When I considered how to approach this post, I wanted to make it a Leaguewide preview of some sort. What I decided on was a ranking of every team based on how worried a Penguins fan should be about said team. (Well, at least how worried I am. You can suss out for yourself how worried you should be.) Five out of five indicates the most worry; one out of five, the least. So I’ll start with the Eastern Conference, since that’s the most relevant conference, and then I’ll bullshit my way through the West.
5/5: Tampa Bay Lightning (1st in East and Atlantic; vs. Columbus)
This is a great opportunity to remind everyone that, since the President’s Trophy was first awarded in 1986, the best team in the regular season has won the Stanley Cup just eight times in that thirty-three-plus year span. That being said, these Bolts have been the best best team in the League in a non-lockout year since the 1995-96 Detroit Red Wings. On the other hand, those Red Wings lost the the eventual Cup champions, the Colorado Avalanche, in the Western Conference Finals, so history is not in favor of the Lightning. Still, they’ve been knocking on the door of a championship for four of the last five seasons, making the Cup Final in 2015 (losing to Chicago) and making two other Conference Finals. Both times…they lost to the eventual Cup winners (2016, against Pittsburgh, and last year against Washington). So, history is likely the toughest opponent for Tampa Bay in these playoffs…and that should make everyone worry.
4/5: Boston Bruins (2nd in East and Atlantic; vs. Toronto)
The other black-and-gold team in the Eastern Conference has had another strong season in the shadow of the Tampa Bay Lightning, and their reward is an identical path to the Eastern Conference Final as last year: hosting a Toronto Maple Leafs team that was lagging by the end of the season, then very likely playing a Tampa Bay team that beat them in five games last postseason and looks even tougher to beat this year. Congratulations? Nevertheless, the Bruins are also a veteran team with a backup goaltender in Jaroslav Halak who has given the Penguins headaches in the past and has had a better season than starting goaltender Tuukka Rask, who has also given the Penguins headaches in the past. If they can find their way past the Lightning, they’re going to be a major challenge for the Metro Division victors.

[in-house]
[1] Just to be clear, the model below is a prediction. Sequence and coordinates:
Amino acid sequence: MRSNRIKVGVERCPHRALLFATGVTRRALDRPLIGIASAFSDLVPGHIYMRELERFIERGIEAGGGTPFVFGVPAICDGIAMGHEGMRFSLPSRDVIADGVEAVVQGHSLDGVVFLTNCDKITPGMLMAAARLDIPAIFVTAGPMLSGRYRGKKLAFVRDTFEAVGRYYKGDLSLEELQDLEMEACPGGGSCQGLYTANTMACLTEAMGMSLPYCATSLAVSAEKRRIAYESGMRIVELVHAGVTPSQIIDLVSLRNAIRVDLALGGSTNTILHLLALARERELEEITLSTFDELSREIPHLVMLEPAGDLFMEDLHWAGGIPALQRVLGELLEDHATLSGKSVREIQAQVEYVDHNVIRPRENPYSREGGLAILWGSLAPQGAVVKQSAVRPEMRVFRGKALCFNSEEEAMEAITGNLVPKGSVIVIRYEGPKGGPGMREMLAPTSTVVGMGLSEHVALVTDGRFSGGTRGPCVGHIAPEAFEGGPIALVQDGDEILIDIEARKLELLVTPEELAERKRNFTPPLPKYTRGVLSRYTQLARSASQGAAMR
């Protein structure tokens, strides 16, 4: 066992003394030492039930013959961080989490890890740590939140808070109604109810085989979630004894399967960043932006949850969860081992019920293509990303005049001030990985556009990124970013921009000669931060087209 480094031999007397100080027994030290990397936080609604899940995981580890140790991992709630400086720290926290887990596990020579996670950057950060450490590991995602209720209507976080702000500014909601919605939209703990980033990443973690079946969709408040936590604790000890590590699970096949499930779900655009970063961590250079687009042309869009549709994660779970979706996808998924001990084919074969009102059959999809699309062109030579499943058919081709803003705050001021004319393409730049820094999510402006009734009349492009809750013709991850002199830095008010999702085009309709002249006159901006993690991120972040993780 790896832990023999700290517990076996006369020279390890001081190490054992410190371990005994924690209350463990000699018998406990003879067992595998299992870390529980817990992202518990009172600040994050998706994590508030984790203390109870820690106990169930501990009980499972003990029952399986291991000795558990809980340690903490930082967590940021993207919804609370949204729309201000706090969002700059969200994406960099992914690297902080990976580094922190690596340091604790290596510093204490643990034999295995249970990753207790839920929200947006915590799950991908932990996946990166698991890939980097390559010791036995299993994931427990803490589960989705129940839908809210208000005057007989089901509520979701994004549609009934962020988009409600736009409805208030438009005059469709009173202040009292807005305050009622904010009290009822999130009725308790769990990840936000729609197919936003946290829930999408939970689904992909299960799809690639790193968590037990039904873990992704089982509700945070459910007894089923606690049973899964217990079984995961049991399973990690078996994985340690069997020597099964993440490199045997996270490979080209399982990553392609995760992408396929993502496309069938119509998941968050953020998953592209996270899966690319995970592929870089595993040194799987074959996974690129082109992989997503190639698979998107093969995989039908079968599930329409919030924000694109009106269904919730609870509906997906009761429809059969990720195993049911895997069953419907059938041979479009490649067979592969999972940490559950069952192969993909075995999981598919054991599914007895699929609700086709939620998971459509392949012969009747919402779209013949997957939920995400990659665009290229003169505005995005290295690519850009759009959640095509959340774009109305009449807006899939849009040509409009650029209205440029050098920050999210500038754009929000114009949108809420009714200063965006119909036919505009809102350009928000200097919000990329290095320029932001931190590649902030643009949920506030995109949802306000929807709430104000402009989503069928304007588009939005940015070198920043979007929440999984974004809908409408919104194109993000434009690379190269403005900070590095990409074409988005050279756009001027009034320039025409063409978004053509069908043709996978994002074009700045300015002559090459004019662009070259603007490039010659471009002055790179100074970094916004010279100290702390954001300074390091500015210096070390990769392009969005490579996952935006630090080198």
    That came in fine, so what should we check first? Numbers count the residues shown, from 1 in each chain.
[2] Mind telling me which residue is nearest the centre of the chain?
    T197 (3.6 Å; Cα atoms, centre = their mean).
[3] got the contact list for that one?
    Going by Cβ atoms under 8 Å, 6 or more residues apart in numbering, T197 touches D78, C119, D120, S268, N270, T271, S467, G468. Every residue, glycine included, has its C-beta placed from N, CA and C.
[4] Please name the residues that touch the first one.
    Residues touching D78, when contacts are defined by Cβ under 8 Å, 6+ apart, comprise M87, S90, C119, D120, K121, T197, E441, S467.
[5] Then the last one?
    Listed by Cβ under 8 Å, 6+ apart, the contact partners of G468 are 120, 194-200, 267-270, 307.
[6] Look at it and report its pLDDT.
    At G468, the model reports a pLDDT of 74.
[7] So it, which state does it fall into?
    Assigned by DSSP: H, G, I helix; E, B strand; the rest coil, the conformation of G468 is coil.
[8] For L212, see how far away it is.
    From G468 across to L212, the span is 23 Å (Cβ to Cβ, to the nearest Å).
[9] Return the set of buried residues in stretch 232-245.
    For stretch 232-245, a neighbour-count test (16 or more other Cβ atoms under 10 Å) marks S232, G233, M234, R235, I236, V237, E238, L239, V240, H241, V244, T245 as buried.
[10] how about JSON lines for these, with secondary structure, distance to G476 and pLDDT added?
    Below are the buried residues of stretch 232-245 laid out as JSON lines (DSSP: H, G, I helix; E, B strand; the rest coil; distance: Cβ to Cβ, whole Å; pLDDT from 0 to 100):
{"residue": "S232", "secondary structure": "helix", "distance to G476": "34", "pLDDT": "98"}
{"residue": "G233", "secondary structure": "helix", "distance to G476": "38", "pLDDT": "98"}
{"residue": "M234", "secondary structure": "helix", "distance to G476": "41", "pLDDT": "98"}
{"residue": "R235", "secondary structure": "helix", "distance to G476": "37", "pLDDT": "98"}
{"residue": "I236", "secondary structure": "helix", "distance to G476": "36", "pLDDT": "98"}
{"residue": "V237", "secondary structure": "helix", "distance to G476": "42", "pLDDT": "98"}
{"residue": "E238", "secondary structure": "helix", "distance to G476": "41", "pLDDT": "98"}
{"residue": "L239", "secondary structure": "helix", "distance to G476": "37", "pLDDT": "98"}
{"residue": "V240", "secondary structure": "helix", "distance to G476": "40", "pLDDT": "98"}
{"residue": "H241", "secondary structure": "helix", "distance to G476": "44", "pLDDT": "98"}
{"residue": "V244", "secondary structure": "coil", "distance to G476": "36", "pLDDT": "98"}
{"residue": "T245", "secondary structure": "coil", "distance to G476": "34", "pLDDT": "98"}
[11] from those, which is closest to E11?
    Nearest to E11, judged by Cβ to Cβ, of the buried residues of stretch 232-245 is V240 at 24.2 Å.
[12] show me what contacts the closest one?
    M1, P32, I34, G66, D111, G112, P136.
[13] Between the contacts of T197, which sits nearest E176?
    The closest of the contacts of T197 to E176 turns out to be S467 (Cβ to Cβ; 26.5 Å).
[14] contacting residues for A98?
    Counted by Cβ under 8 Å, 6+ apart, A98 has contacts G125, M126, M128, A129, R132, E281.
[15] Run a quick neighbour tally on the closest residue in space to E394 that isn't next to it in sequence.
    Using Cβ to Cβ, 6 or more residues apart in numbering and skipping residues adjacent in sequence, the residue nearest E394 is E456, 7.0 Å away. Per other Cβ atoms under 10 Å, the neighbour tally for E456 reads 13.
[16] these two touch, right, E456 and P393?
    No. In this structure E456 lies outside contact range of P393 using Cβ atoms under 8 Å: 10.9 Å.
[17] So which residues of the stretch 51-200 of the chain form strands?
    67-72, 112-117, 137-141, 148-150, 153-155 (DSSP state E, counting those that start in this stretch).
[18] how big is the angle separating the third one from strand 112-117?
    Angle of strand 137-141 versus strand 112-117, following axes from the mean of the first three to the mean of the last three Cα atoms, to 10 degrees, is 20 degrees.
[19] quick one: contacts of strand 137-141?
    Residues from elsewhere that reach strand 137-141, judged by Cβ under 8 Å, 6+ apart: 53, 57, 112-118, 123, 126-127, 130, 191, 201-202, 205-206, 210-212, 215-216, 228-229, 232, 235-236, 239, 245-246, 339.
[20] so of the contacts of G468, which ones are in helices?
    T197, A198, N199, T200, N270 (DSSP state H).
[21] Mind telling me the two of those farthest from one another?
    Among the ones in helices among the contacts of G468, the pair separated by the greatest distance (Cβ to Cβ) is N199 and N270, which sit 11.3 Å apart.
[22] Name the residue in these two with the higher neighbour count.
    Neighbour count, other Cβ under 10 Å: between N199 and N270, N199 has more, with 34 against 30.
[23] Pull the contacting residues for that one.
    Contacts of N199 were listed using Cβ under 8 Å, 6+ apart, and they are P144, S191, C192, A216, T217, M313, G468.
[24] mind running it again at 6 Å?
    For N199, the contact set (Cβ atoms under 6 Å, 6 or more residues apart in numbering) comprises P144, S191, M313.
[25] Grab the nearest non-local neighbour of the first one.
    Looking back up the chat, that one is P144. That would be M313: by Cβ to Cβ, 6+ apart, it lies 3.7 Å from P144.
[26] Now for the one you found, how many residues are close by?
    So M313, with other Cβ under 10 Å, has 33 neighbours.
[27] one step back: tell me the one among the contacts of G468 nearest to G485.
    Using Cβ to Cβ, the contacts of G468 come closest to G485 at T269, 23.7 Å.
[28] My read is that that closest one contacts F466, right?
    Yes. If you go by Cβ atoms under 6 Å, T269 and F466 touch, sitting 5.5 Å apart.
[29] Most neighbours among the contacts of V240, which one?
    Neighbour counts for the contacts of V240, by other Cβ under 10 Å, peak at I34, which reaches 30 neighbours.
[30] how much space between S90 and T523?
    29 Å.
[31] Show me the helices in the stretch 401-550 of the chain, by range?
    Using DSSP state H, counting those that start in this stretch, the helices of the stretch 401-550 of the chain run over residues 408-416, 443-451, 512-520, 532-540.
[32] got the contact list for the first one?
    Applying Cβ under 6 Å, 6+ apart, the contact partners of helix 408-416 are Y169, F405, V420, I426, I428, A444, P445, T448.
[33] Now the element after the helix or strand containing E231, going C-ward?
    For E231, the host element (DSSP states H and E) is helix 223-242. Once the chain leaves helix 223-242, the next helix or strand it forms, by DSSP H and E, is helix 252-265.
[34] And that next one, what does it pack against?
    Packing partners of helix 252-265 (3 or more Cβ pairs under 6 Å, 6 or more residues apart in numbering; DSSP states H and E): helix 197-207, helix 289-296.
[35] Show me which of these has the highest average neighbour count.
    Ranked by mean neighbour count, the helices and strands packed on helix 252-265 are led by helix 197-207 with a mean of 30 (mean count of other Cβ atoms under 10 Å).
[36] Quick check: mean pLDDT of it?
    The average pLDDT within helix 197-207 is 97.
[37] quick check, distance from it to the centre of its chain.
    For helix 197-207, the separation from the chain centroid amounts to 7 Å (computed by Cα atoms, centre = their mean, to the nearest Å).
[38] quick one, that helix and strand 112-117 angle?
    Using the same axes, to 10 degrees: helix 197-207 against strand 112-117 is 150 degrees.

3/5: Washington Capitals (3rd in East, first in the Metro; vs. Carolina)
After finally getting past the Penguins in last year’s playoffs, the Capitals won their first Cup, and after the summer-long bender the team appeared to have, many though they would suffer the same post-Cup hangover (literally and figuratively) that many of their predecessors have gone through. However, despite the Metro Division being the dogfight that it was, the Capitals led the division and seem ready for their Cup defense. They had a fairly healthy year, with the only major contributor to see any extended time out of the lineup being T.J. Oshie, which usually bodes well for a team’s playoff hopes. Including Alex Ovechkin’s team-leading 51 goals, the Capitals had seven players crack 20+ goals this season, which is pretty good depth. Still, I wouldn’t say they’re favorites to come out of the Metro Division; as long as the Penguins are around, all bets are off.
2/5: Toronto Maple Leafs (T-5th in East, 3rd in Atlantic; at Boston)
After starting the season 26-12-2, the Leafs faded somewhat in the second half, going 19-16-6, compared to their first round foes in Boston who went 26-10-5. It didn’t help that they were always going to be chasing the Lightning in the Atlantic Division, but the second-half swoon didn’t help to change the perception that they may be able to keep up with the Bruins, either. Their hopes lie in Frederik Andersen continuing to put up very good numbers while the young guns on the team try to outlast a veteran Bruins team that beat them in seven games last season.